German drug and crop chemical maker Bayer and U.S. seeds company Monsanto are launching asset sales worth roughly $2.5 billion as they seek regulatory clearance for their $66 billion merger, people close to the matter said. To kick off an auction process, Bayer's advisors will send out information packages next week to prospective bidders for the businesses, which have been divided into three bundles of assets, the people said. Bayer and Monsanto have said in the past that they expect to divest activities with combined sales of up to $1.6 billion.
The demands of 3,800 heifers at CY Farms dictate the rhythm of labor. Farm workers deliver feed down a central aisle of a massive barn. They scrape away manure with tractors. They inject the cows with vitamin B. On a rainy day, the din on the huge metal roof drowns out the moos. But beyond the usual problems with tractor repairs and feed prices, this season has brought a new worry: the serious threat that farm workers will be deported as part of President Trump’s immigration crackdown.Migrant labor has long been essential to the dairy farmers in the rolling fields of Western New York. Now, those farmers are arriving at work every day wondering how many of their employees will still be there.Migrant workers, especially those who are undocumented, also worry; they are afraid to leave their employers’ farms to shop because they fear being apprehended by authorities and deported. Reports of workers being picked off farms throughout the country have only added to the atmosphere of fear hanging over the idyllic farming community.
Flooding is a chronic problem for livestock farmers in the Snoqualmie Valley. As rising water has worsened over the last few years, a King County program that protects cattle during floods is also rising in popularity. K-T Cattle beef cows spend their entire lives on the same farm, but their home is about to move closer to the Snoqualmie River."In order to move the operation up here in order to scale it, the whole thing goes under water. We have to be able to get them out of the water," explained owner Jim Haack. "It looks like a lake with the tops of the trees sticking out."Like most livestock farmers in the Snoqualmie Valley, flooding is an annual challenge. It's why his new elevated barn sitting atop a "farm pad" will literally save lives. It will also help feed lives, keeping beef local year round but also dry. The King County farm pad program helps farmers secure funding and engineering work. Since the program started in 2008, 30 farm pads have risen in the Snoqualmie Valley. According to the program's website, it gives "technical assistance for flood modeling; engineering and design assistance; logistical support for construction of farm pads, such as facilitating the movement of material from our capital project sites in the vicinity to the farm pad site; and assess alternative means of mitigating flood risks without placing fill material in the floodplain."Haack has a 2-year waiting list for his beef. His cows may not know they're in such high demand, but they do know they prefer walking over swimming.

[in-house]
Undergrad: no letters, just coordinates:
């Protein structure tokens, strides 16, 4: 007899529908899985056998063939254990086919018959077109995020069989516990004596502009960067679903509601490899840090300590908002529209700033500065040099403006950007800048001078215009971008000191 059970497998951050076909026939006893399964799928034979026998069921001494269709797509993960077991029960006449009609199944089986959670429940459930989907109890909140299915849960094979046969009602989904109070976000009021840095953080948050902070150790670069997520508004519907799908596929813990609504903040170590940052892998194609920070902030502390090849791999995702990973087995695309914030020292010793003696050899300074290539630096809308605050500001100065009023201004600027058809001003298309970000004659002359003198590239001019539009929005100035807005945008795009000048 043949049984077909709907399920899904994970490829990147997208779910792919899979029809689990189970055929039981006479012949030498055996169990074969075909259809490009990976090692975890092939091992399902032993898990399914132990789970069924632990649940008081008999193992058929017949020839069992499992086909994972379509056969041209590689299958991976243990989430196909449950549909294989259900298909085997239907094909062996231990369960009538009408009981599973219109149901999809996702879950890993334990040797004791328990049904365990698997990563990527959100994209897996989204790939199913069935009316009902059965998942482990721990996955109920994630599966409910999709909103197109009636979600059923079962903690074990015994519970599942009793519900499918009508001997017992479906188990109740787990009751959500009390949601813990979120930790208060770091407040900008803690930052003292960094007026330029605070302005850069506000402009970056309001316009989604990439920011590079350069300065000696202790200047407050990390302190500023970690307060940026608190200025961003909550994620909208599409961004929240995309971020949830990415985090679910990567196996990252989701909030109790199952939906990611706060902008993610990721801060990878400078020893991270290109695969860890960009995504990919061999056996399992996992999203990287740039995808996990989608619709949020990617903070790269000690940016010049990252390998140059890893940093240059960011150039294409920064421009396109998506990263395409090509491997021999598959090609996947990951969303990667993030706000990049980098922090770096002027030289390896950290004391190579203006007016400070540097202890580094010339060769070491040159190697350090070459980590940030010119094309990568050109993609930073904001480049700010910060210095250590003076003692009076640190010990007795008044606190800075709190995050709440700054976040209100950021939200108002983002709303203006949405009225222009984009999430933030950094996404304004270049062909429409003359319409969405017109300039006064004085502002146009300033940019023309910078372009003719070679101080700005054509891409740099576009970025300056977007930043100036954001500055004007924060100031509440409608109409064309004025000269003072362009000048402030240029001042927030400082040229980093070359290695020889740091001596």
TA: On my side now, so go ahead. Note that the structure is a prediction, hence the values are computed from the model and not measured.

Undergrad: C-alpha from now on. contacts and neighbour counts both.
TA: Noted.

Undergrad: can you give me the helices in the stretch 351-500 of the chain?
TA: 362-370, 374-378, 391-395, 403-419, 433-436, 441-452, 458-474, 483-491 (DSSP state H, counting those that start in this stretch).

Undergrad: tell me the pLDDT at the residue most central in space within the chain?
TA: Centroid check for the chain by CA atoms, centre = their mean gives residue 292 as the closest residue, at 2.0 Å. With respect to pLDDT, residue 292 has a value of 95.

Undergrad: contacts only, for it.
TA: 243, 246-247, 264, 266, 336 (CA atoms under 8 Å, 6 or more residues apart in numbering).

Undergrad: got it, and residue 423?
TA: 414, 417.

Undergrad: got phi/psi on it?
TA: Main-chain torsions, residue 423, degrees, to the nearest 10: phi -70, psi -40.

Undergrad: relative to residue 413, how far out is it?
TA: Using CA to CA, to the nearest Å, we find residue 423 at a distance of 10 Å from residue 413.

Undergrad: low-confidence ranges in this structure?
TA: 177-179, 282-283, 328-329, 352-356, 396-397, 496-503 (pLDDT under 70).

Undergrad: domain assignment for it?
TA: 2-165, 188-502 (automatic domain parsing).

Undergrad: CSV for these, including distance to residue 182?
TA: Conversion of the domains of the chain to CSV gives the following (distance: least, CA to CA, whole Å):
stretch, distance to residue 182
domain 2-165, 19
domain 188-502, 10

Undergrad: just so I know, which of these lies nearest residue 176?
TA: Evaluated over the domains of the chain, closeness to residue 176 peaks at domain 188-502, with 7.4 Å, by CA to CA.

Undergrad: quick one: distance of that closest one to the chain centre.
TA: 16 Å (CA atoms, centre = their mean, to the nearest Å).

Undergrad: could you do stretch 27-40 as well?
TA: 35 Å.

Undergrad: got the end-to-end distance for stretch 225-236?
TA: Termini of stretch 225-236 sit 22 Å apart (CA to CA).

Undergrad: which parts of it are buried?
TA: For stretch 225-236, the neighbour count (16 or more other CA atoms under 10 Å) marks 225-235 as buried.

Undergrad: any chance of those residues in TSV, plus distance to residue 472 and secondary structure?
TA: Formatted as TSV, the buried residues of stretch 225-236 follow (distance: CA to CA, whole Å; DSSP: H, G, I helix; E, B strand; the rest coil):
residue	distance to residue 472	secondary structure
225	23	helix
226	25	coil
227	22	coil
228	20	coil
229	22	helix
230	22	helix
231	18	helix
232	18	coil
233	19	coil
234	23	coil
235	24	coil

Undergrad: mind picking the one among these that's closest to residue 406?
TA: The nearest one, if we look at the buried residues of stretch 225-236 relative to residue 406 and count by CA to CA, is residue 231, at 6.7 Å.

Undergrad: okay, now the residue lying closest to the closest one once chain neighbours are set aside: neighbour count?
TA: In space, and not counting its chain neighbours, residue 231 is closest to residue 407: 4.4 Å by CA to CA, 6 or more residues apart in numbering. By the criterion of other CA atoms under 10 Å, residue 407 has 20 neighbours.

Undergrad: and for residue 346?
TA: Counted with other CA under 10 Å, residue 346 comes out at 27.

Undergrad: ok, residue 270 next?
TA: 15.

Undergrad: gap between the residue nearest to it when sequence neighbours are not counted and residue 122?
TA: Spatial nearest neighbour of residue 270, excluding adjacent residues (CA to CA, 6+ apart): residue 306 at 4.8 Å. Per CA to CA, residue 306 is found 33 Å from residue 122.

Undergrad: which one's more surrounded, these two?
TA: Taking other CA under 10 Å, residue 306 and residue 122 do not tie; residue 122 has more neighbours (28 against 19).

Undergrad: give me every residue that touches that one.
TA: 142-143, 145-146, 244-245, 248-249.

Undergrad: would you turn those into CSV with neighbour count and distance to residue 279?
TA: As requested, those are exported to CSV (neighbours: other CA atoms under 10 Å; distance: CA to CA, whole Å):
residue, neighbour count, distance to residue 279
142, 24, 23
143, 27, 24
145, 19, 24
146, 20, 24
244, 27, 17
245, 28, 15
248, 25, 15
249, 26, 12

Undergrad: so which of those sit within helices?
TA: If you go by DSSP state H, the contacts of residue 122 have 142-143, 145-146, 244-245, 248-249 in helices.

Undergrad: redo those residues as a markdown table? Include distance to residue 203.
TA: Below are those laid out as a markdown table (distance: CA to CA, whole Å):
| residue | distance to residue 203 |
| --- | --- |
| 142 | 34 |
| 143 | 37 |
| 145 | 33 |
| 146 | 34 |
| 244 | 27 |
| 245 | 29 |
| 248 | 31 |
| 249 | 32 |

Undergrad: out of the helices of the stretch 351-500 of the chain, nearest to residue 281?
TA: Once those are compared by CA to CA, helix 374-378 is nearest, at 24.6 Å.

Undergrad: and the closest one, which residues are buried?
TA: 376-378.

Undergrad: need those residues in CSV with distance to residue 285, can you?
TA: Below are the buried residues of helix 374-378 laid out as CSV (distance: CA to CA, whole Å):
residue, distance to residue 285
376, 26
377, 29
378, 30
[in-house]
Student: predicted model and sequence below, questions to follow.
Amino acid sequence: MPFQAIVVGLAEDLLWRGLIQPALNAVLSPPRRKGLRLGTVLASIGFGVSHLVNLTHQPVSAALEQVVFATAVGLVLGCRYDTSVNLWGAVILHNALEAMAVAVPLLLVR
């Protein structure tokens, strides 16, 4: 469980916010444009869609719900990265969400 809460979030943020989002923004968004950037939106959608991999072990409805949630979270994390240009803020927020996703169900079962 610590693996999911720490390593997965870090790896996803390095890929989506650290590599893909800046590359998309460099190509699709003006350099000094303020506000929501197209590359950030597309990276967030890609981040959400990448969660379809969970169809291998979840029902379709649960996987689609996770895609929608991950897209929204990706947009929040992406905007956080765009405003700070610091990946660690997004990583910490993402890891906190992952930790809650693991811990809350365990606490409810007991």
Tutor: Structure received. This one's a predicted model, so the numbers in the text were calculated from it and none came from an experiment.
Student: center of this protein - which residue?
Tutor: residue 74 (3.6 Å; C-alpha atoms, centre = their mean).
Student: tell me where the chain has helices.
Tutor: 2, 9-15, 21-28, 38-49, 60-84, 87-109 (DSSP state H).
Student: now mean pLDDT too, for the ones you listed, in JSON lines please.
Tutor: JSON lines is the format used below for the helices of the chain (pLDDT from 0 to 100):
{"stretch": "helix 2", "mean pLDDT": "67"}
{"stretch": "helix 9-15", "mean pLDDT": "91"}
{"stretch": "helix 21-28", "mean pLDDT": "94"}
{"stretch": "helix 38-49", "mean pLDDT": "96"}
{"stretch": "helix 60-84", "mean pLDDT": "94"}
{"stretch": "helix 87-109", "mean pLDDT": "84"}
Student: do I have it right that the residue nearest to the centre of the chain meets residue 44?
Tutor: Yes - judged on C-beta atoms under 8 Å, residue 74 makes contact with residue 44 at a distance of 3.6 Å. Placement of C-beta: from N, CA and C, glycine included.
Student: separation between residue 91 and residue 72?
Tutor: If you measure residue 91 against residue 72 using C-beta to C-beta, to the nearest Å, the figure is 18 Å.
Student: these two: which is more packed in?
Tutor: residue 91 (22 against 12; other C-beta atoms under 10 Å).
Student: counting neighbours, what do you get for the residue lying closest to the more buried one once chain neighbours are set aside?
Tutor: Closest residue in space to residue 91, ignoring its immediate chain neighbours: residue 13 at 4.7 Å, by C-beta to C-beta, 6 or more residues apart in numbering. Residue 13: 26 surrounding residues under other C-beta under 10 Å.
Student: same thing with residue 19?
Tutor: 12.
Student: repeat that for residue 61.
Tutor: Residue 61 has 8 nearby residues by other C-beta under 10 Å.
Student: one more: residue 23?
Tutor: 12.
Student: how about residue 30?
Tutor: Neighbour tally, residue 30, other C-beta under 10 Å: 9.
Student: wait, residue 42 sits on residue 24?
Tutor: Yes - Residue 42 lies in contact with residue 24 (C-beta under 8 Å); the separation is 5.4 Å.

A planned dairy farm in Hawaii has taken a step back by withdrawing parts of its application to allow more time for discussion of its likely environmental impact. Kauai’s Hawaii Dairy Farms withdrew its Final Environmental Impact Statement from state consideration on Tuesday, reported The Garden Island. Spokeswoman Amy Hennessey said in a release that the dairy wants to allow time for additional responses to comments on its plan to keep a minimum of 699 dairy cows on a 557-acre site in Kauai’s Mahaulepu Valley. Opponents of the dairy see a chance to stop its construction
Storms in California combined with already high river and creek levels and saturated ground to cause widespread flooding, waterlogging field crops and interfering with the almond blossom. Farmers are still taking stock of the damage from this week’s heavy storms that flooded fields, blew trees over and caused havoc with the almond blossom.Standing water was still in farm fields in the Sacramento Valley a week after heavy rain forced the evacuation of Maxwell, Calif., Colusa County agricultural officials said.In the Salinas Valley, the artichoke and cauliflower fields that weren’t under water after nearly 3 inches of weekend rainfall were so muddy that workers couldn’t get to them. The conditions slowed harvest and caused delays in planting.
The future of Hawaii agriculture hangs in the balance this legislative session. Having lost in the courts the battle over whether county governments even have the jurisdiction to regulate genetically modified crops, anti-science advocates have moved to state government, hoping there to revive the “genetic modification (sic)” Salem Witch Trials. These people oppose genetics, the science.Now, with the sugar industry gone and Hawaii’s largest agricultural activity, the corn seed industry, shrinking from the recent global commodity price collapse, anti-science advocates seek its annihilation and that of all modern agriculture. Since they can’t deny that transgenic modification yielded their diabetes medicine, a vaccine for Ebola, revival of Hawaii’s papaya industry, a 90 percent reduction in U.S. corn insecticide use since the 1990s, and not a single instance of adverse human health or environmental harm documented in the peer-reviewed, scientific literature, ever, they have to just wing it. They need a new object for their obsession: pesticides.This year’s legislation to regulate already regulated pesticides originates in the findings of a Joint Fact Finding report by a group on Kauai from which all of the scientists resigned. The JFF report hysterically rehashed old rumors to insinuate, without evidence, imaginary health problems irresponsibly attributed to Kauai farming companies, winning the Pulitzer Prize for bogacity in 2016.The JFF ignored a Hawaii Tumor Registry report prepared for the Hawaii Department of Health concluding that “there is no evidence of higher incidence of cancer on the island of Kauai overall or for specific geographic regions of the island, as compared to the state of Hawaii.”Read the science. Even the JFF confirmed absence of evidence of any causal link between restricted use pesticides and human health. Fear-mongering is not science.